• Audacity: An OS X version of Audacity is available.
  • gMTP: Google offers an MTP file transfer program for OS X users for its Nexus 7. Again, it would’ve been easier for the Mountain View folks to simply offer USB mass storage functionality like most Android phones/similar devices…
  • Calibre: An OS X version of Calibre’s available.
  • ClamAV: An OS X version, named ClamXav, is available.
  • Dropbox: Dropbox installation was straightforward for OS X.
  • GIMP: An OS X version of GIMP is available.
  • Handbrake: An OS X version of Handbrake is available. While I don’t have a DVD drive for the Mini, I thought having the program on hand anyway might be useful (in case I do buy a DVD drive/convert a few items)…
  • Avidemux: Replaced by Apple’s iMovie, though I’ve yet to play with iMovie extensively.
  • SoundConverter: I’ve used XLD for converting FLAC files to Apple Lossless.
  • Comix: Replaced by the Simple Comic reader.
  • VLC: VLC comes with an OS X version.
  • Back In Time: Replaced by Apple’s Time Machine.
  • Transmission: The Bittorrent program has an OS X version.
  • Gnucash: One of the sticking points I’ve had in going from Linux to OS X is that while Gnucash has an OS X version, it A) looks rather awful (a lack of UI compliance) and B) some windows won’t close when their “close” buttons are pressed. Gnucash, I’ve also discovered, doesn’t export files to QIF format (the format Quicken/virtually every other personal finance program out there uses), which makes switching to a different program likely requiring me to start over from scratch. I’ve been looking for possible replacement programs to Gnucash, but most of them don’t seem to be very cheap (though it sounds nice, iBank wants $60 for its program, for starters…). Besides just sticking with Gnucash, I’ve been looking at SEE Finance ($30) and Checkbook (both the regular version for $15 and the “Pro” version for $25). Quicken has a version that’ll run on Mountain Lion, but all reports online seem strongly negative.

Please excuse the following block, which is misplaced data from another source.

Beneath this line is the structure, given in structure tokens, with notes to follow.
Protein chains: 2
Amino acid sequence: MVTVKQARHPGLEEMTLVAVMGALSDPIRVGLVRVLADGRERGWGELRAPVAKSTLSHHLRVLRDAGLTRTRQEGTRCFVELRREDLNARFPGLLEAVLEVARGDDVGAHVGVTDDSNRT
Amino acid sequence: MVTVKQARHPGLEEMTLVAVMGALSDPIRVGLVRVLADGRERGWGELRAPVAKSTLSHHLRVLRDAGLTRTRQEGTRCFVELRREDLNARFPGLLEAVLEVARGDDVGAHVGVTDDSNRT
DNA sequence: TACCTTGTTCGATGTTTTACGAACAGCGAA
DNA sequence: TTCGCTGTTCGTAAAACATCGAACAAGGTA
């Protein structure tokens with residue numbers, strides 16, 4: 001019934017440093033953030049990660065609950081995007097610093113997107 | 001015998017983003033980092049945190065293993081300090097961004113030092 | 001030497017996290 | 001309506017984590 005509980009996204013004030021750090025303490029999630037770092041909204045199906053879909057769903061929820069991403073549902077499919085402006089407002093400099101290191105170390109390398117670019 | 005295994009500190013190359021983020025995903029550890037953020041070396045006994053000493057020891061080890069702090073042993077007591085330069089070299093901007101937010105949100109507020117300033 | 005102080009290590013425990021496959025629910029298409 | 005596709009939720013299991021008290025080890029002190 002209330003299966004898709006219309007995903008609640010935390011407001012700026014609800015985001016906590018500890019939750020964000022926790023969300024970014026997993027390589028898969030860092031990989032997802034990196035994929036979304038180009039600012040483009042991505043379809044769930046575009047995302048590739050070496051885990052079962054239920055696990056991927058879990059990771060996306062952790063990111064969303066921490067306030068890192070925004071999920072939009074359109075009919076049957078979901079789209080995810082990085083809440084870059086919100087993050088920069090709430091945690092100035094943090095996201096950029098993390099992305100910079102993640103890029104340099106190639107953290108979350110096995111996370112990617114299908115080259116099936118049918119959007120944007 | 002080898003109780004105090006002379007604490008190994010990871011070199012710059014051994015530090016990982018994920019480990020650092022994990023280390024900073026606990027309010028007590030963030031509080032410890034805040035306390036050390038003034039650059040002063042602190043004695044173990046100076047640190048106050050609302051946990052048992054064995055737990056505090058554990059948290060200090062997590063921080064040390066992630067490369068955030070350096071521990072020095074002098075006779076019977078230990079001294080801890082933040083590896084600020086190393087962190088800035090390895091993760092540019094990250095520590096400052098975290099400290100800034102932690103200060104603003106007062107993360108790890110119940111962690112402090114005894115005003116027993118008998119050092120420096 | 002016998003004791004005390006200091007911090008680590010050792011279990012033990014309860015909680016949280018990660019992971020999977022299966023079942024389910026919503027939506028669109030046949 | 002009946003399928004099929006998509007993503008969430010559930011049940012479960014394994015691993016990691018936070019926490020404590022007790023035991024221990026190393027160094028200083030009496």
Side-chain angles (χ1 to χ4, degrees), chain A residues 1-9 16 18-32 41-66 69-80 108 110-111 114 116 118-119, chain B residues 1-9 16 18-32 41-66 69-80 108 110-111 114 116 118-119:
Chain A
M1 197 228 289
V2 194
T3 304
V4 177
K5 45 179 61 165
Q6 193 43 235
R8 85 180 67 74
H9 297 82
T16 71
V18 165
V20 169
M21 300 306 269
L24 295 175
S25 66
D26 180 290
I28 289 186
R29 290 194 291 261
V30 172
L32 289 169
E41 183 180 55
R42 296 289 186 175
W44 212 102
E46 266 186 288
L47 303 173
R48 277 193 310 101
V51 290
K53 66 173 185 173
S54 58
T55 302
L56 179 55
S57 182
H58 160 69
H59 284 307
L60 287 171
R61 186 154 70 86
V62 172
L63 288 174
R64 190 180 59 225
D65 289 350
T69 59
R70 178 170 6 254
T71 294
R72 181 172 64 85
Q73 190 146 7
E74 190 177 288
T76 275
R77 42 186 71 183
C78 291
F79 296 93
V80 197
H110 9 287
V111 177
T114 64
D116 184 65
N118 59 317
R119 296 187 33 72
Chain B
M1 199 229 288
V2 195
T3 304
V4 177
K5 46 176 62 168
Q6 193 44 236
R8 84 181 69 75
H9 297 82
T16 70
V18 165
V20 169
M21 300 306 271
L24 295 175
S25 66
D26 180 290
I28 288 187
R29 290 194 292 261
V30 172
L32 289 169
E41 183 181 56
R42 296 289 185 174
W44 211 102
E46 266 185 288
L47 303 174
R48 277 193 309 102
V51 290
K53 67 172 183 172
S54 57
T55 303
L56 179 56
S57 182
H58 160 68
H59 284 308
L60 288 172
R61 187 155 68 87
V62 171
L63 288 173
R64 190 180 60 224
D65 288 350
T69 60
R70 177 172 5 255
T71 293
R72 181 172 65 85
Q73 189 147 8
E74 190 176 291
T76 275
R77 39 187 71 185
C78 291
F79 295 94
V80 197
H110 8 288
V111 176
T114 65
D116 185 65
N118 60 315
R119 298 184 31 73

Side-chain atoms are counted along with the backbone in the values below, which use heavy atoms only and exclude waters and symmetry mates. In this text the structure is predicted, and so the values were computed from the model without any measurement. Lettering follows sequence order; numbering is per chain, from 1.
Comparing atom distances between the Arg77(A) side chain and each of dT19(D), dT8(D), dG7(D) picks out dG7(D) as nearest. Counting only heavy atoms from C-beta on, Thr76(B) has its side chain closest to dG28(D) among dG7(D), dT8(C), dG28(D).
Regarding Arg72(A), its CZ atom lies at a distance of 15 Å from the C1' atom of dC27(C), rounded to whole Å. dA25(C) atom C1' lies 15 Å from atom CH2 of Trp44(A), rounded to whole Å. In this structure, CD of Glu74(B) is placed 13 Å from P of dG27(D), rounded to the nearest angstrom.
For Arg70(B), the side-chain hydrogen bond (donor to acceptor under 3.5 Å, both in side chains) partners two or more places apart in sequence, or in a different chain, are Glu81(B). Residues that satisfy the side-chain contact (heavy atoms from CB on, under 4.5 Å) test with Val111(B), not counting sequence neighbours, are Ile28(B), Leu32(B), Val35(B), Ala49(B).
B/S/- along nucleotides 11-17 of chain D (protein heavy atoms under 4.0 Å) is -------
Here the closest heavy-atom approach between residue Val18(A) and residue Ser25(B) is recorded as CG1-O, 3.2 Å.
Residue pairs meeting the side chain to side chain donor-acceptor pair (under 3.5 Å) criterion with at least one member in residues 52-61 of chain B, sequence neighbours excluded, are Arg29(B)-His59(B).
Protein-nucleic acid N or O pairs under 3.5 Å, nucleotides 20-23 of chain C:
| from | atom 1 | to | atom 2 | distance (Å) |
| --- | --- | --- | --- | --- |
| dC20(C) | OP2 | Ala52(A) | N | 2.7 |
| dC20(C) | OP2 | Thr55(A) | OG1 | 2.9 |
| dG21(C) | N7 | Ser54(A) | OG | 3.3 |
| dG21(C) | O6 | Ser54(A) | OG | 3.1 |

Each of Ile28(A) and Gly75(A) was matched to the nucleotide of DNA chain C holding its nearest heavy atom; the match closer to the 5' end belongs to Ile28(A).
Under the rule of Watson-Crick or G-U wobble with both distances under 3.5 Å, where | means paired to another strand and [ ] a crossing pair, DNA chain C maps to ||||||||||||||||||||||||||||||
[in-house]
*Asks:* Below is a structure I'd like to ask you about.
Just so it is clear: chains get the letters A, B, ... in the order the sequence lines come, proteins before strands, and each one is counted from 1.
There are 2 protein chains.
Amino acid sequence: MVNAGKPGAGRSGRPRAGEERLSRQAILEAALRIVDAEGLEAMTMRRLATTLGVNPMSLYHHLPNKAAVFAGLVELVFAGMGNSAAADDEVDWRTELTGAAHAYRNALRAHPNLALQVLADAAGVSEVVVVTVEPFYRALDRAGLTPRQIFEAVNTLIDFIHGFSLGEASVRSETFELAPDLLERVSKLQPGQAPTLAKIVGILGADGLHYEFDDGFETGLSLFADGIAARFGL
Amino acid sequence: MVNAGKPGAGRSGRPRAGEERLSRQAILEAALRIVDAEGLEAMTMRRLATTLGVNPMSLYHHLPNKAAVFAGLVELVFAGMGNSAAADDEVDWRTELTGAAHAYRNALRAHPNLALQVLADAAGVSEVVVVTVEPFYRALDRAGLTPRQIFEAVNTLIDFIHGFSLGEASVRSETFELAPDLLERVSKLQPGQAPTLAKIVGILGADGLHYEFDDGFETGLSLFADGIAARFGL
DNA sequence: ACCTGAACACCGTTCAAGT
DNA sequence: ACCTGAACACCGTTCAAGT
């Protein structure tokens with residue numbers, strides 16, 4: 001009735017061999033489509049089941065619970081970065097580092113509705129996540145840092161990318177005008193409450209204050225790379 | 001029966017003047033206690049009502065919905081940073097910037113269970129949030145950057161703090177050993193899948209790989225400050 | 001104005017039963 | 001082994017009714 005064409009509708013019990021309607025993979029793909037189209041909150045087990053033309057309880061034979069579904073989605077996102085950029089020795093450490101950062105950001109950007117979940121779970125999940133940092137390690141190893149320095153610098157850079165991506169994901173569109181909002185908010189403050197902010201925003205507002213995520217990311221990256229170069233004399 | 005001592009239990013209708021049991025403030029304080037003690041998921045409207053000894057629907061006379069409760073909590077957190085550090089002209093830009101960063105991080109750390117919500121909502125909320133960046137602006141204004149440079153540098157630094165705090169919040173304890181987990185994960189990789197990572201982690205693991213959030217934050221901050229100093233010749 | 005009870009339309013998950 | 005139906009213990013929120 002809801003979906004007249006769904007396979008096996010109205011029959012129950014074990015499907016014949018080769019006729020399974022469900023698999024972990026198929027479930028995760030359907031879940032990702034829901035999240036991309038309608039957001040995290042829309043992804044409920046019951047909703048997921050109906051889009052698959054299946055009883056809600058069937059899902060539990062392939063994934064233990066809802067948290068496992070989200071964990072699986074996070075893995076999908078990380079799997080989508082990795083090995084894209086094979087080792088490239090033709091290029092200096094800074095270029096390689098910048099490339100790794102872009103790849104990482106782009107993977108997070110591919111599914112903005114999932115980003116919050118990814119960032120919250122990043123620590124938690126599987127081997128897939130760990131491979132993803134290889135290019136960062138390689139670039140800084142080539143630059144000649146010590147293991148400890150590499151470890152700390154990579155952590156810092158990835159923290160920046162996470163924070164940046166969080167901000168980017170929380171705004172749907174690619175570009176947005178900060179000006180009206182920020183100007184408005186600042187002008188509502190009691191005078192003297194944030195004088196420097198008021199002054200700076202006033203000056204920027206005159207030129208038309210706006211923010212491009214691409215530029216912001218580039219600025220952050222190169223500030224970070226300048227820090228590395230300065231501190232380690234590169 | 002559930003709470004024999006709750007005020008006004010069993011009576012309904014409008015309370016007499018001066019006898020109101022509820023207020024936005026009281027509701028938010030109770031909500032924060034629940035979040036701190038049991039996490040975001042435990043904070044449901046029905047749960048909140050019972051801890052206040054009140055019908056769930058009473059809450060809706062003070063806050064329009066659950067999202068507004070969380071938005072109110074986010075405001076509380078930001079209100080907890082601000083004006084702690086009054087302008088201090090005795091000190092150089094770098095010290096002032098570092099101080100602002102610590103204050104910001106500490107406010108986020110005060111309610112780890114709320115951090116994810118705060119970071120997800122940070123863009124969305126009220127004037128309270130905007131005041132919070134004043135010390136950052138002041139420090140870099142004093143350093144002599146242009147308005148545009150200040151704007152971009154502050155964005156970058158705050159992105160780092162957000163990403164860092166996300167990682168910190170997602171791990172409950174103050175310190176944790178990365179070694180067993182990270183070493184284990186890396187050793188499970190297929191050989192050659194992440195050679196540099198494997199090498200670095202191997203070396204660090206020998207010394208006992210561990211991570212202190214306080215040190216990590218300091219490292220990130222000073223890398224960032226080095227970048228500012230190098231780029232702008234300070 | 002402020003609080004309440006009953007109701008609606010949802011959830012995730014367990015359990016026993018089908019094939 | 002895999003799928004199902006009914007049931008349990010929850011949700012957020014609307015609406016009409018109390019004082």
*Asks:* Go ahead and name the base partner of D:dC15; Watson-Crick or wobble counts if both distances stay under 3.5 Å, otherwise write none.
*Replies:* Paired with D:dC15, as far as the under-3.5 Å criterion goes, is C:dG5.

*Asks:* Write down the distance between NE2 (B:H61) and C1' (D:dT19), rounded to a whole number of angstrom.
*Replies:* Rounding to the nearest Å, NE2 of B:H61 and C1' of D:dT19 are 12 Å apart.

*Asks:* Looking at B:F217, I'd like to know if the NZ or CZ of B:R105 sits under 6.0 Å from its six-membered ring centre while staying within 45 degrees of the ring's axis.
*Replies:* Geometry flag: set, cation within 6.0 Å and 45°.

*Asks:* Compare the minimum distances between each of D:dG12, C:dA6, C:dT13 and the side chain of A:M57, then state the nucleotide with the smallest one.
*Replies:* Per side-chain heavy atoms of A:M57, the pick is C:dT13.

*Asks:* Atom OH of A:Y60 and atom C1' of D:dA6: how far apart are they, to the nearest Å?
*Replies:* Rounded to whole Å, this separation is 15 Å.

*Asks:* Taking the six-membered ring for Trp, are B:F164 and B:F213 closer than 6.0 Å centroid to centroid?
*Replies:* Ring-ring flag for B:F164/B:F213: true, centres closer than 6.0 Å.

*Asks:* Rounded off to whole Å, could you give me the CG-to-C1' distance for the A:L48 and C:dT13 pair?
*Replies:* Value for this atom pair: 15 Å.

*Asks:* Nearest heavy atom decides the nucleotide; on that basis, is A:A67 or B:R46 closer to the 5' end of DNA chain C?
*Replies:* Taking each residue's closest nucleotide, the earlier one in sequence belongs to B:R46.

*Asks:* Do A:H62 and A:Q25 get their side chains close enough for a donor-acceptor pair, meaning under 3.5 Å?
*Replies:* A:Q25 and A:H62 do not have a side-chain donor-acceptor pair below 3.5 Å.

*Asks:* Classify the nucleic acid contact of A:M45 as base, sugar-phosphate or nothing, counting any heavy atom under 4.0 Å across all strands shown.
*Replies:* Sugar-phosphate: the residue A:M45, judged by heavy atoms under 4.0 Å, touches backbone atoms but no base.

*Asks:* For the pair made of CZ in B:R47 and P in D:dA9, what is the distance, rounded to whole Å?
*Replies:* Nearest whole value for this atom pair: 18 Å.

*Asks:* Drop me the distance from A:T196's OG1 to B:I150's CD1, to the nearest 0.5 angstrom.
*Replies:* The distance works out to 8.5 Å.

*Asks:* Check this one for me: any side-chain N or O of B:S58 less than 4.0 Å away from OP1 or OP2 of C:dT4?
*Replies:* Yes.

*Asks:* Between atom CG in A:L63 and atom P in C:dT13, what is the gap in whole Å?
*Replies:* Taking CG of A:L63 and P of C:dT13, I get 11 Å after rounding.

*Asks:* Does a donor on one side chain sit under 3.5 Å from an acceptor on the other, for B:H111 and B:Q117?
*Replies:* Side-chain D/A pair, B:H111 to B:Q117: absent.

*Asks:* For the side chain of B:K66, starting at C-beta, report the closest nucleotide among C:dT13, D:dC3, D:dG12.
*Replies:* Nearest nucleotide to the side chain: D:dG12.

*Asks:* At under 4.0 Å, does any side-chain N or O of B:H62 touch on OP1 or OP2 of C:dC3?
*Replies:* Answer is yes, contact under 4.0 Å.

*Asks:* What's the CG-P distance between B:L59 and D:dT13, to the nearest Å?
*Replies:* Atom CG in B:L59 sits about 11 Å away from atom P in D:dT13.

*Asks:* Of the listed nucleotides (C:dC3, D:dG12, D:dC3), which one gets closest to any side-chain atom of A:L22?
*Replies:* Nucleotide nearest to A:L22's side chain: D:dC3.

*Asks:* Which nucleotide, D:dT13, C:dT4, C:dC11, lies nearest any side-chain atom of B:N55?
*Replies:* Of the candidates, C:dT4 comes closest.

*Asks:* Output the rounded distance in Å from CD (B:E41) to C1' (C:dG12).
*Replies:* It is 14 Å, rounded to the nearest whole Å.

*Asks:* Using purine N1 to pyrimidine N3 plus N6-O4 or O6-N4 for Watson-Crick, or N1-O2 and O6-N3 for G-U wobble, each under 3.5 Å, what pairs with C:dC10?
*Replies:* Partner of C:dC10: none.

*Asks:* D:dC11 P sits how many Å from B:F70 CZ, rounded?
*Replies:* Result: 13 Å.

Other additions

I’ve bought a Mac keyboard to replace the old PC one I dug out of storage to use with the Mini…before remembering why I put it in storage in the first place. A nice typing experience so far…

A few OS X-specific programs I’ve installed include:

  • Kindle For Mac: The OS X version of the popular Kindle app, which lets me read/use my Kindle purchases (the very few made so far) on my computer.
  • WeatherMan Lite: A free app that provides weather info from the menubar, similar to the weather applets on Linux distros.

I’ve also downloaded some newer, resized-for-1920×1080-resolution wallpapers from various sites.

Thus, other than the personal finance program situation noted above, I’m pretty much all setup and ready to go. Switching OSes is more work than switching to a newer version of an OS, I suppose, especially coming over from Linux. Still, I’m enjoying the OS X experience so far.

Anthony Dean

Anthony Dean is the owner of Diverse Tech Geek and Diverse Media Notes.